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When Is it Time to Replace Your Commercial Cooking Equipment?

Written by Ann Holtzapple — November 10, 2016

HD Range Commercial Cooking Equipment

Measuring the Lifespan of your Commercial Cooking Equipment

Purchasing quality commercial restaurant equipment for your kitchen can be a big investment. With the proper care and maintenance, you can protect your investment for many years to come; however, there will be a time when the lifespan of commercial kitchen equipment will come to an end. Here are some important factors to consider when making the decision to replace old or faulty restaurant cooking equipment.

Frequent Repair Costs Are Adding Up

When service costs add up to more than the cost of new equipment, it’s time to replace. For example, replacing two heating elements in a griddle can add up to more than half of the price of a brand new piece of equipment. Plus, new units often come with a warranty, giving you an extra peace of mind you won’t incur any repair costs for some time.

Professional Kitchen Equipment Has Become Inefficient

Not every decision to replace restaurant equipment is related to its physical condition. Sometimes, it just makes economic sense to replace a unit because you’re losing so much in utility bills. With the many options of ENERGY STAR® restaurant equipment, a new piece of equipment will pay for itself in utility savings alone. Energy cost and life cycle calculators can help you determine just how much you’ll save with a new model.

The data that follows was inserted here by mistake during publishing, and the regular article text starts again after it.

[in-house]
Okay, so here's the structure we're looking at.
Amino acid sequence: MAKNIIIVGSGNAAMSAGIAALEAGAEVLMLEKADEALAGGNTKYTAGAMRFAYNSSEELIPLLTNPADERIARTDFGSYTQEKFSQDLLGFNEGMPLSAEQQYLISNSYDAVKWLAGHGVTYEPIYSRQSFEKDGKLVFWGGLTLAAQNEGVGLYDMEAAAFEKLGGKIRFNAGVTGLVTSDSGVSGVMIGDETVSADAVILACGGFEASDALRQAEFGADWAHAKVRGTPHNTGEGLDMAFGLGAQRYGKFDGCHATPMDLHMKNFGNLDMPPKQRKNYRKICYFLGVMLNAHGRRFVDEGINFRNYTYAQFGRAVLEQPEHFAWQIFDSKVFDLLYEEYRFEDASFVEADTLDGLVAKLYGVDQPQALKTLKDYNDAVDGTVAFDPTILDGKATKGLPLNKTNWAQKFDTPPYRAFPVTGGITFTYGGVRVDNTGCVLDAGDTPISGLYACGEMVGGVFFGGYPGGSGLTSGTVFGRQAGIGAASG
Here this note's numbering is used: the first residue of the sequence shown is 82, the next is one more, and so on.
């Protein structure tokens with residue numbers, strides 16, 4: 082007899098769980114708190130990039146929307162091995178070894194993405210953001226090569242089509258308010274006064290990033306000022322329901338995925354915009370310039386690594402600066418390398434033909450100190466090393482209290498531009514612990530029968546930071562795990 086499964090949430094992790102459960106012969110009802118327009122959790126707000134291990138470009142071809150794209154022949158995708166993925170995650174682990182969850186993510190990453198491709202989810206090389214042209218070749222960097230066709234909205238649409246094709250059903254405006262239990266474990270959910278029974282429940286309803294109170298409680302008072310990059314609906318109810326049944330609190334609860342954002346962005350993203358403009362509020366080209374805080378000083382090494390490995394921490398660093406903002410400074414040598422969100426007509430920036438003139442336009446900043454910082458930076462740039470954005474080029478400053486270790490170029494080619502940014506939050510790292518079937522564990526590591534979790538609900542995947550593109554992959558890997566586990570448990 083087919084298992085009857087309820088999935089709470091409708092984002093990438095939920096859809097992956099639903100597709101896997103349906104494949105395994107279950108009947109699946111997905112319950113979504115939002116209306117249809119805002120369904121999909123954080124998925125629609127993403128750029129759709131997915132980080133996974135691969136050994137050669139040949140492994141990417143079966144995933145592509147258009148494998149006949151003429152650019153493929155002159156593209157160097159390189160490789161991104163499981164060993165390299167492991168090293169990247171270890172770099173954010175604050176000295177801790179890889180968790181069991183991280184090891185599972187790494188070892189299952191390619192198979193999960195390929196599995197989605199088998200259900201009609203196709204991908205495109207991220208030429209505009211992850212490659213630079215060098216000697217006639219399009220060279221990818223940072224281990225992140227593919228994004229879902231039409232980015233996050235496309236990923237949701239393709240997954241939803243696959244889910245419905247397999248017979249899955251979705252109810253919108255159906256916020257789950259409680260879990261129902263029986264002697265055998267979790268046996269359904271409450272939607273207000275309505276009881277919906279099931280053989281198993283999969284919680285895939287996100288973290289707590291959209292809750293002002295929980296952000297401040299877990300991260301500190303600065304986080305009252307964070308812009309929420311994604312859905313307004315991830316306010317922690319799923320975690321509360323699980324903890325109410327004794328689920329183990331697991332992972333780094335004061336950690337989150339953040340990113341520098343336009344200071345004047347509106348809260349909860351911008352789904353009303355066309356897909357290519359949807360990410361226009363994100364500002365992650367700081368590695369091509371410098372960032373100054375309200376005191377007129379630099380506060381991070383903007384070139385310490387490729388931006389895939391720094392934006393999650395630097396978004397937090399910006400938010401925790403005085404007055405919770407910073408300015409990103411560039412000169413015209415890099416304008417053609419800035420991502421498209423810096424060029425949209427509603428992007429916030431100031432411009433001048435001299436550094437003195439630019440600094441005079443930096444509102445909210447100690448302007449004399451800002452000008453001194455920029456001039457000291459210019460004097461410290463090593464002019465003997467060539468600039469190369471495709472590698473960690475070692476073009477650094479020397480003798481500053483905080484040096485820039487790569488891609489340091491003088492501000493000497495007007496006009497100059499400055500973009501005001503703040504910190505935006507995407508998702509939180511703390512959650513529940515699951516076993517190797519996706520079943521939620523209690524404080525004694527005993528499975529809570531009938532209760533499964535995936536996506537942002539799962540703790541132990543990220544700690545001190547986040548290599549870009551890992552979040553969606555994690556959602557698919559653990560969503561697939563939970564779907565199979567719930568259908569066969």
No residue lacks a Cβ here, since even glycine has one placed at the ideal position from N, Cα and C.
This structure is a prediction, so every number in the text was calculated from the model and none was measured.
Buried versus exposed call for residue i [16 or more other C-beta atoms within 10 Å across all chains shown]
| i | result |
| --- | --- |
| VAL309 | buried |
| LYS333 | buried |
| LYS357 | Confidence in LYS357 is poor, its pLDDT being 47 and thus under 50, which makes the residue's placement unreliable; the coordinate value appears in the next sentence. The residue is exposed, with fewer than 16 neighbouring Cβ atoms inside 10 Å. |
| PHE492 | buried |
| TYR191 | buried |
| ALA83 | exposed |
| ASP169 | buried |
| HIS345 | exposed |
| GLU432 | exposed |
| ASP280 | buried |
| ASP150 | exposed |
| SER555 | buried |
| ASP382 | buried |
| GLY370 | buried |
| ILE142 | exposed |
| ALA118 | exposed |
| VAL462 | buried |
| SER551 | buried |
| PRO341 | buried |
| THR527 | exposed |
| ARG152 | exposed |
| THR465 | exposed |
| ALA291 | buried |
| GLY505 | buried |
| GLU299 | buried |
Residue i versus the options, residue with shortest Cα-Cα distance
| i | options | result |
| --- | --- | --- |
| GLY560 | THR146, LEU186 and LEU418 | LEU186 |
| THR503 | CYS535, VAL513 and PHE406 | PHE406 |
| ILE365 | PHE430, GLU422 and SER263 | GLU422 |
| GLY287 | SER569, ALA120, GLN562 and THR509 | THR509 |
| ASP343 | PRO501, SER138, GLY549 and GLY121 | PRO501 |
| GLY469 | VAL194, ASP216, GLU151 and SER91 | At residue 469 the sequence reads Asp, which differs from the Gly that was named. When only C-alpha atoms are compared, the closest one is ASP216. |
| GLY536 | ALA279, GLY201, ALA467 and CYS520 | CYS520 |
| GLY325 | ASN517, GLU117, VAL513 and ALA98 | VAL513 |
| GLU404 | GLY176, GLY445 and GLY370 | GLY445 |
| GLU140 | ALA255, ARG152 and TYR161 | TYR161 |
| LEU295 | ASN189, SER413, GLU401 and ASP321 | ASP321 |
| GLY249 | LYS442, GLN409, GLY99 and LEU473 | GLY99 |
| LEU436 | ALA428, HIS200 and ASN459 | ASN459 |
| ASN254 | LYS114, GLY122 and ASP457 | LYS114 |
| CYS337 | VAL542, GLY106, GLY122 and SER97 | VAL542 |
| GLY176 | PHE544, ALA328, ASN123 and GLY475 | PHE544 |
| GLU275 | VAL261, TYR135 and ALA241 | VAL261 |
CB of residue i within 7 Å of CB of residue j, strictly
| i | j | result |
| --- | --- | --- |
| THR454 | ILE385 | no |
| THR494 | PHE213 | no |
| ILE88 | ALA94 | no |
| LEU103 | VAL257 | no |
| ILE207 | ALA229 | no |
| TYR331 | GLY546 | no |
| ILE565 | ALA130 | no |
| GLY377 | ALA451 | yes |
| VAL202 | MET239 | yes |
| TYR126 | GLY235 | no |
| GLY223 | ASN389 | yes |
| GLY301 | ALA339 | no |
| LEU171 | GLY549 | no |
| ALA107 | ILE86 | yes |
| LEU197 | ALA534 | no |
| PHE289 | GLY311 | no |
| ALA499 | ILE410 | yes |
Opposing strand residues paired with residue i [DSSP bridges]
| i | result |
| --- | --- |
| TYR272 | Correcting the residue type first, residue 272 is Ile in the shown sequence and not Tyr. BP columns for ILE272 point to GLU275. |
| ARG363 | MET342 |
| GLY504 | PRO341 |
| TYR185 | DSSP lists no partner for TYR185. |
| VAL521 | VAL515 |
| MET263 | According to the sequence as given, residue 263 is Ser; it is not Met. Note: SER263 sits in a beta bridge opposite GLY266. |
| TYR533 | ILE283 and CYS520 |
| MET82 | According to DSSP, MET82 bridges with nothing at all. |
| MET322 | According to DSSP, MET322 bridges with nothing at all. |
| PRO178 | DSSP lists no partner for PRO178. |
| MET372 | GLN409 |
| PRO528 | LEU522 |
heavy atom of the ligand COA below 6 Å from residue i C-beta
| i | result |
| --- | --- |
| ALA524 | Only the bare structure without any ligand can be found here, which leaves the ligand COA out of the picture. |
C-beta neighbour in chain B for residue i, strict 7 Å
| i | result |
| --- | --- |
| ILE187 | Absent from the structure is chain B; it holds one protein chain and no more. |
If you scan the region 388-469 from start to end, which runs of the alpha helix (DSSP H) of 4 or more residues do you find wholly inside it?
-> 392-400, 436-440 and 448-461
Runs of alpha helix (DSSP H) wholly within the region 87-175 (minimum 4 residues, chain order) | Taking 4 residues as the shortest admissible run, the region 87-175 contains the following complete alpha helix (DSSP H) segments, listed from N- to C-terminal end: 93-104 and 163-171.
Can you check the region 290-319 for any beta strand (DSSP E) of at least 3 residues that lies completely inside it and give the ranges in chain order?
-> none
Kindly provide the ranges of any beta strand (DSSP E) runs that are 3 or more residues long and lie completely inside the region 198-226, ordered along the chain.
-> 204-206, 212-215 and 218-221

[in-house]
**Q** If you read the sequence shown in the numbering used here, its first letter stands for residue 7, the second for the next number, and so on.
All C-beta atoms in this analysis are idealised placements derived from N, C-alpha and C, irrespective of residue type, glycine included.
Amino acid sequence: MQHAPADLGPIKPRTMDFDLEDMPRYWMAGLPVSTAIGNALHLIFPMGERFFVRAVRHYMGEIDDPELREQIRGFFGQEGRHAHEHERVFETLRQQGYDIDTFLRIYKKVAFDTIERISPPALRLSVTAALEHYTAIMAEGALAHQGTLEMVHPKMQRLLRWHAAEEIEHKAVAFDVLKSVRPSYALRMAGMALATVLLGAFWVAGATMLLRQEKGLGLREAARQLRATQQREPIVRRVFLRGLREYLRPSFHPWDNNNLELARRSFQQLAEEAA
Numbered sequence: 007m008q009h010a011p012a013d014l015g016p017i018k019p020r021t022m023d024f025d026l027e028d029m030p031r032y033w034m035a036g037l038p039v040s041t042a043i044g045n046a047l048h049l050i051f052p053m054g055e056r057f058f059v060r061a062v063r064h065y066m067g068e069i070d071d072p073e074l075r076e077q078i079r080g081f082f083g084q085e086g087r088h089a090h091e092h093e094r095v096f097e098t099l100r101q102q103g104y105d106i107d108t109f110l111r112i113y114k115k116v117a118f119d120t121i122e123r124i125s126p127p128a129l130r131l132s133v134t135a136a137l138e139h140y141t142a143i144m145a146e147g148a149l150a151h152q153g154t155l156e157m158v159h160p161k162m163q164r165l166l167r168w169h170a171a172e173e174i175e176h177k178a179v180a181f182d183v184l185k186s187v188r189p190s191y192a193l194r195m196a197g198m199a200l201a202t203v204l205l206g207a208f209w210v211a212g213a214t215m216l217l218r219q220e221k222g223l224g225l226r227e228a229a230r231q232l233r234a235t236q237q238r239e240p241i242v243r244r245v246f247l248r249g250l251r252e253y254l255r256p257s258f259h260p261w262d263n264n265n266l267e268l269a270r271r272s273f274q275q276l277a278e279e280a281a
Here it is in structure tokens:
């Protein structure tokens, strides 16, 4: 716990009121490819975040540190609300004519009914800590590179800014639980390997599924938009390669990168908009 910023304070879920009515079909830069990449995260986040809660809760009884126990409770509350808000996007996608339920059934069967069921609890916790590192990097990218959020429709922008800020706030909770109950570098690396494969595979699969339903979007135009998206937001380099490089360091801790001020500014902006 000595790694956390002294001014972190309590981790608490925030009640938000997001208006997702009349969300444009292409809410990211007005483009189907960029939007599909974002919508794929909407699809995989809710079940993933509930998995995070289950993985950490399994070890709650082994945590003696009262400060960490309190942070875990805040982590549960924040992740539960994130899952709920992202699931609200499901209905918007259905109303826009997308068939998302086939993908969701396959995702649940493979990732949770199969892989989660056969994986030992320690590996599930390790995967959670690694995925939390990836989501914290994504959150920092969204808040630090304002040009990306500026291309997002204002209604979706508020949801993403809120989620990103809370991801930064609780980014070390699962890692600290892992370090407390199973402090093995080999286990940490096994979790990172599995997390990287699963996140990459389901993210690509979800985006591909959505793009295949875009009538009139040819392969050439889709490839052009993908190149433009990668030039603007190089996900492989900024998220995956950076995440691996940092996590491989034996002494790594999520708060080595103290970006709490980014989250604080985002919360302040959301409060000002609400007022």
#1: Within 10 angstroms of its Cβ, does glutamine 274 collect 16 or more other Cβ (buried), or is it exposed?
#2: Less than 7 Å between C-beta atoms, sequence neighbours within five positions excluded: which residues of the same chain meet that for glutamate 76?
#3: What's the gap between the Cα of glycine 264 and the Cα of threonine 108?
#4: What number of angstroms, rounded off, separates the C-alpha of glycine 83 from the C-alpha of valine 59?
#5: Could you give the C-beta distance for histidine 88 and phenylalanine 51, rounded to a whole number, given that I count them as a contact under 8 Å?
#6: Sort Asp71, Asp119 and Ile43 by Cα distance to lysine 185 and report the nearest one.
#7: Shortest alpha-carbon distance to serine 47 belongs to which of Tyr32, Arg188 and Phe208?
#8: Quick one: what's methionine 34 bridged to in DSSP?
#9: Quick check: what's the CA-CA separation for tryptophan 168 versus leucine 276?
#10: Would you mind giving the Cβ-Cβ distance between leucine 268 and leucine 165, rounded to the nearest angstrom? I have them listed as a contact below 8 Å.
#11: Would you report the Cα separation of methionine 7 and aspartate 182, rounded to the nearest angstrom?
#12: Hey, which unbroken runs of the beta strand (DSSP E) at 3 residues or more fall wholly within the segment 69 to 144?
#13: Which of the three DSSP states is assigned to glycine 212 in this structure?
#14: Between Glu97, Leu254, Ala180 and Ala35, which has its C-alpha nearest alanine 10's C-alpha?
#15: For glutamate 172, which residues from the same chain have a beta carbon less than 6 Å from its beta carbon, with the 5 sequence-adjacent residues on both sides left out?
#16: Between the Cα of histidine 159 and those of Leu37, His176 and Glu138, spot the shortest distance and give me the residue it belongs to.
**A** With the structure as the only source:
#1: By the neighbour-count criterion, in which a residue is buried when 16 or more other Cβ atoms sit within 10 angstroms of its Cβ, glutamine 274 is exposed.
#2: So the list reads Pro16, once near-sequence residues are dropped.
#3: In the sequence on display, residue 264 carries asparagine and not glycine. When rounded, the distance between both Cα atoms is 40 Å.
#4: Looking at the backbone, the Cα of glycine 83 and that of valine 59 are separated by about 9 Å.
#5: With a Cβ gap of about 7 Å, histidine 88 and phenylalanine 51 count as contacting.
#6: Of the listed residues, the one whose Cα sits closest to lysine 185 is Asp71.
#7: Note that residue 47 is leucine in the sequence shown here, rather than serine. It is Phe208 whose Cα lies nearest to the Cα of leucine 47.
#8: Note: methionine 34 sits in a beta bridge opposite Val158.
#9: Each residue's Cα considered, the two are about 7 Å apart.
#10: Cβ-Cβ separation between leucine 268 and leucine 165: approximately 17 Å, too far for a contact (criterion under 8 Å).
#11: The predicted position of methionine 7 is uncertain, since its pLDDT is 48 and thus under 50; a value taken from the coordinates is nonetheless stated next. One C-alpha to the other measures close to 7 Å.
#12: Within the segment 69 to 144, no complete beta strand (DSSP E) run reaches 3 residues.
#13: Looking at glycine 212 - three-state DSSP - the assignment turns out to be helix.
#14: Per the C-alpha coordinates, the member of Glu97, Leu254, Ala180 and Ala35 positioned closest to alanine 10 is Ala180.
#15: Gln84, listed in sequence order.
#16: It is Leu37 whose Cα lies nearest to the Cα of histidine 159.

Not Working Like It Used To

Nothing lasts forever, including restaurant cooking equipment. Even with meticulous maintenance, restaurant equipment will fall prey to the elements at some point. Power surges, worn door gaskets, and rust and worn griddles are some of the warning signs that it’s time to replace. Rust and power surges pose a hazard, and faulty equipment doesn’t lend well to food preparation.

An Opportunity for One Unit with Two Functions

With new advances in technology from restaurant equipment suppliers, there’s likely an opportunity to combine two functions into just one unit. For example, Combi ovens serve the function of a convection oven and commercial food steamer. This gives you the ability to open some space in a crowded kitchen.
There’s really no set standard for the lifespan of each piece of restaurant equipment, and the level of volume will greatly impact the lifespan. If your restaurant equipment is nearing ten years, look for the warning signs, such as worn hinges, frequent repair costs and energy usage. Keep track of performance. If it’s not up to par, you’re likely better off shopping for a new unit.

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This article was written on October 24, 2016.


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